The case for branches
There are still reasons customers prefer bricks-and-mortar to online banks.
"Customers are often more trusting when they can see branches," says Ely. "A lot depends on their situation. If they want to tap into their cash, it's important to have some sort of relationship locally. One of the reasons is that there will be no ATM charges, or there are times when you need to be in a branch. Deposits in particular are slower if you have only an online relationship. Now there is still some float delay or wire charges."
At Washington Mutual, a spokeswoman says the bank's in-branch offerings are priced competitively and offer benefits only available to branch customers.
"While we may not have the same offer in the store, we sometimes have a similar offer in other products or CD terms," she says. "For example, we may offer an attractive rate online for a six-month CD, while in the stores a similar short-term offer may be with a seven-, eight- or nine-month CD."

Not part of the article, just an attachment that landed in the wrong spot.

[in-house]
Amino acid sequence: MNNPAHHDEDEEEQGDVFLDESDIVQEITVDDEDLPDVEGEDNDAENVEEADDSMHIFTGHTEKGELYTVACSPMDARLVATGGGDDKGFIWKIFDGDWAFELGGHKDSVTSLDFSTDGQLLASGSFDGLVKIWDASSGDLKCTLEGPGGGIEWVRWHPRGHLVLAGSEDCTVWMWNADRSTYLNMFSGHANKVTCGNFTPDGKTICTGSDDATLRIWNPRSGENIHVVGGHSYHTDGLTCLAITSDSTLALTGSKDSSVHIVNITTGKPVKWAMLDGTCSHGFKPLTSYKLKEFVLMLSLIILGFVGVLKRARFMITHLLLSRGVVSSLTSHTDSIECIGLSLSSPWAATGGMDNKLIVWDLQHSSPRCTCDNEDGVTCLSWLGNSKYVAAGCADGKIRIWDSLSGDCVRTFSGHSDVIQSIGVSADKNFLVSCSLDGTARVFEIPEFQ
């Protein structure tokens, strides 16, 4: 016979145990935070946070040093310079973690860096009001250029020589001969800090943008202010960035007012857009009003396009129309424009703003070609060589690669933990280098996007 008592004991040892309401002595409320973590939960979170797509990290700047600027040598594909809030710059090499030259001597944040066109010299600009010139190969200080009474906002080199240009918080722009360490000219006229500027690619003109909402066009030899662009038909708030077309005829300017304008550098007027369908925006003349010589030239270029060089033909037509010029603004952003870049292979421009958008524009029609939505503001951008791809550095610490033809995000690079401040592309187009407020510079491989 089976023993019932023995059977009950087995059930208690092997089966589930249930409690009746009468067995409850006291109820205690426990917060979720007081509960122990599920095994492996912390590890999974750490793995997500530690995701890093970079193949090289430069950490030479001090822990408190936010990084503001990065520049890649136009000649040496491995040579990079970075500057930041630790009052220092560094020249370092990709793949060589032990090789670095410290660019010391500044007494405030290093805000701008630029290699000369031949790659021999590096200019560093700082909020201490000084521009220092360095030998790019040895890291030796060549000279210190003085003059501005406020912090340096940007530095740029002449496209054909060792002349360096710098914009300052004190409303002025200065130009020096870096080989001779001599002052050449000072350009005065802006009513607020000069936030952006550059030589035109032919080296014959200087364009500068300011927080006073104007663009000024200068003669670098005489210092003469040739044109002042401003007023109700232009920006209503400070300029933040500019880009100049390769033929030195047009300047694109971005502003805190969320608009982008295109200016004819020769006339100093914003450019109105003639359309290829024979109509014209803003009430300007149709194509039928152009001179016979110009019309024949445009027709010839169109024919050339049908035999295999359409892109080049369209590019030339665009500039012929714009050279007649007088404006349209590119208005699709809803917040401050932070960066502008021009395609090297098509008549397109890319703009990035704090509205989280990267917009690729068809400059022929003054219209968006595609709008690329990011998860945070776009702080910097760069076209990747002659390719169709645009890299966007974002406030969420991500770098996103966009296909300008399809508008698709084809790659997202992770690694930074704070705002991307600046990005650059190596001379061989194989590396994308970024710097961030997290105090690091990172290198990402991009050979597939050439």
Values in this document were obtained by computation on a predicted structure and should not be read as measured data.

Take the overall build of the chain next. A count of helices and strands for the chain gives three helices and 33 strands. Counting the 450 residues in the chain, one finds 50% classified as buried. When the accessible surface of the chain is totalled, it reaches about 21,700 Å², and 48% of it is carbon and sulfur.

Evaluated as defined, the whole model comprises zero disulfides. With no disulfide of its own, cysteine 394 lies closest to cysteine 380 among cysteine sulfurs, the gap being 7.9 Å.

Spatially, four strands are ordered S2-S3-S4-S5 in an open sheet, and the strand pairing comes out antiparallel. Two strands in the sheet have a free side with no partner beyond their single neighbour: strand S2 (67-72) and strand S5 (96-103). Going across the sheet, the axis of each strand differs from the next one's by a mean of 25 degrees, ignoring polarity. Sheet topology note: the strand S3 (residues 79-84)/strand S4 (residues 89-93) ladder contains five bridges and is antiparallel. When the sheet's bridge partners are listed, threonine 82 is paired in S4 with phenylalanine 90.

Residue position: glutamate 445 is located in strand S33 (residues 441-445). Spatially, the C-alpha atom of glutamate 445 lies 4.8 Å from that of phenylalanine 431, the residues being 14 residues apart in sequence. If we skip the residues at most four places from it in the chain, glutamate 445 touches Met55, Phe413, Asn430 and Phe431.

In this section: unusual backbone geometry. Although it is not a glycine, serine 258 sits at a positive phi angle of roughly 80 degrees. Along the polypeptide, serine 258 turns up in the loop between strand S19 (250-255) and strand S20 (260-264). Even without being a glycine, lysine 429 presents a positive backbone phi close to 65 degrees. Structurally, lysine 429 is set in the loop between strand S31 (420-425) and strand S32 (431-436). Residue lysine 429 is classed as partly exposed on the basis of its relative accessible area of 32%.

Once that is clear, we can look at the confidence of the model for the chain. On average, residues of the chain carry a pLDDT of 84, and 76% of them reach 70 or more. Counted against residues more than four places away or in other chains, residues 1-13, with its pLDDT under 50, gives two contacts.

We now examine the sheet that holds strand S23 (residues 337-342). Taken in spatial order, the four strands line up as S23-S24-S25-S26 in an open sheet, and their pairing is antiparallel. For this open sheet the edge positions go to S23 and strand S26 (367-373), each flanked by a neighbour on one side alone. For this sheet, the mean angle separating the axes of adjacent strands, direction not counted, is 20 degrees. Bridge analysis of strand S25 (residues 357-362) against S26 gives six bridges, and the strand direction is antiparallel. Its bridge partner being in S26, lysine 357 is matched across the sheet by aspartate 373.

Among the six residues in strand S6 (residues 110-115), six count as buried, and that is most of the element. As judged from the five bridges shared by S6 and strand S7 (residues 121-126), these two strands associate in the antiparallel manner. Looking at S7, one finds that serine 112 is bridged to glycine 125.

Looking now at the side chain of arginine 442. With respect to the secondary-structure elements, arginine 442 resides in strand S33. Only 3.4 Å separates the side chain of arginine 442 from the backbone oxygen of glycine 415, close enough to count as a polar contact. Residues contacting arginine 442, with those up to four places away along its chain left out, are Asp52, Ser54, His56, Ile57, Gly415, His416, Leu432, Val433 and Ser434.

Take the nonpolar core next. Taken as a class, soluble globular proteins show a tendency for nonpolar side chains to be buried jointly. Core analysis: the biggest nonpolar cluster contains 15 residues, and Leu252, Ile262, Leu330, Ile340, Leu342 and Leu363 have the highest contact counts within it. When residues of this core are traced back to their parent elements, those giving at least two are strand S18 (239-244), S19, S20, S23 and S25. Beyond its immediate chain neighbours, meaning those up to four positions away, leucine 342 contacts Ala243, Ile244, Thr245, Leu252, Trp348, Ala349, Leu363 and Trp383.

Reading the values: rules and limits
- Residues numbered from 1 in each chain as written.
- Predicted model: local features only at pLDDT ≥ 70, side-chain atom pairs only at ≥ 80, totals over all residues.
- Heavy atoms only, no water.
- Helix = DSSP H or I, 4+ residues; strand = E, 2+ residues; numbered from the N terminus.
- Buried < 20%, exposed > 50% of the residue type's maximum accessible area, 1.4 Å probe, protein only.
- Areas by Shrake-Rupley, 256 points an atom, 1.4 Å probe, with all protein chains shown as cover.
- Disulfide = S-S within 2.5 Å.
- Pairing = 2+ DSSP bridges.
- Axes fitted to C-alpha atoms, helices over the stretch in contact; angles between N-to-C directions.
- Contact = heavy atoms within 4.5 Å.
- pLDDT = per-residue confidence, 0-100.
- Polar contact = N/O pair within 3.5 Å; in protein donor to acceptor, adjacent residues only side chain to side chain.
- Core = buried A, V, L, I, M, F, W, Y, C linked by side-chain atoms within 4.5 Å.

At AmTrust, Tutkovics says that before the bank introduced its online operation, customers used multiple channels, including phone, Web and the branch network, to do their banking. "When we designed the products for AmTrust Direct, we kept in mind the online preferences, so the features and functionality meet the needs of a typical online customer."
She expects customers will continue to use multiple channels.
"The customer drives their own channel preference," she says.
What does this mean for consumers?
With so many options available, should consumers look online or at their local bank branch?
"A lot boils down to personal preference," says McBride. "Do you want the convenience of having all your accounts in one place or being able to walk into a branch, or do you want the best return on your money? If you want the best return on your money, then it pays to be a free agent. You may have your checking account at a local bank with access to branches, but for investments such as CDs, you may want to put your money to work someplace else where you can get a better return."
McBride's advice to those shopping strictly for rate: "Cast a wide net. Use Bankrate's search engine to find the best rates online and in your local area. In addition, check the local newspaper tables and local credit unions."
For a closer look at our study, check out the Bankrate feature "2008 CD study results."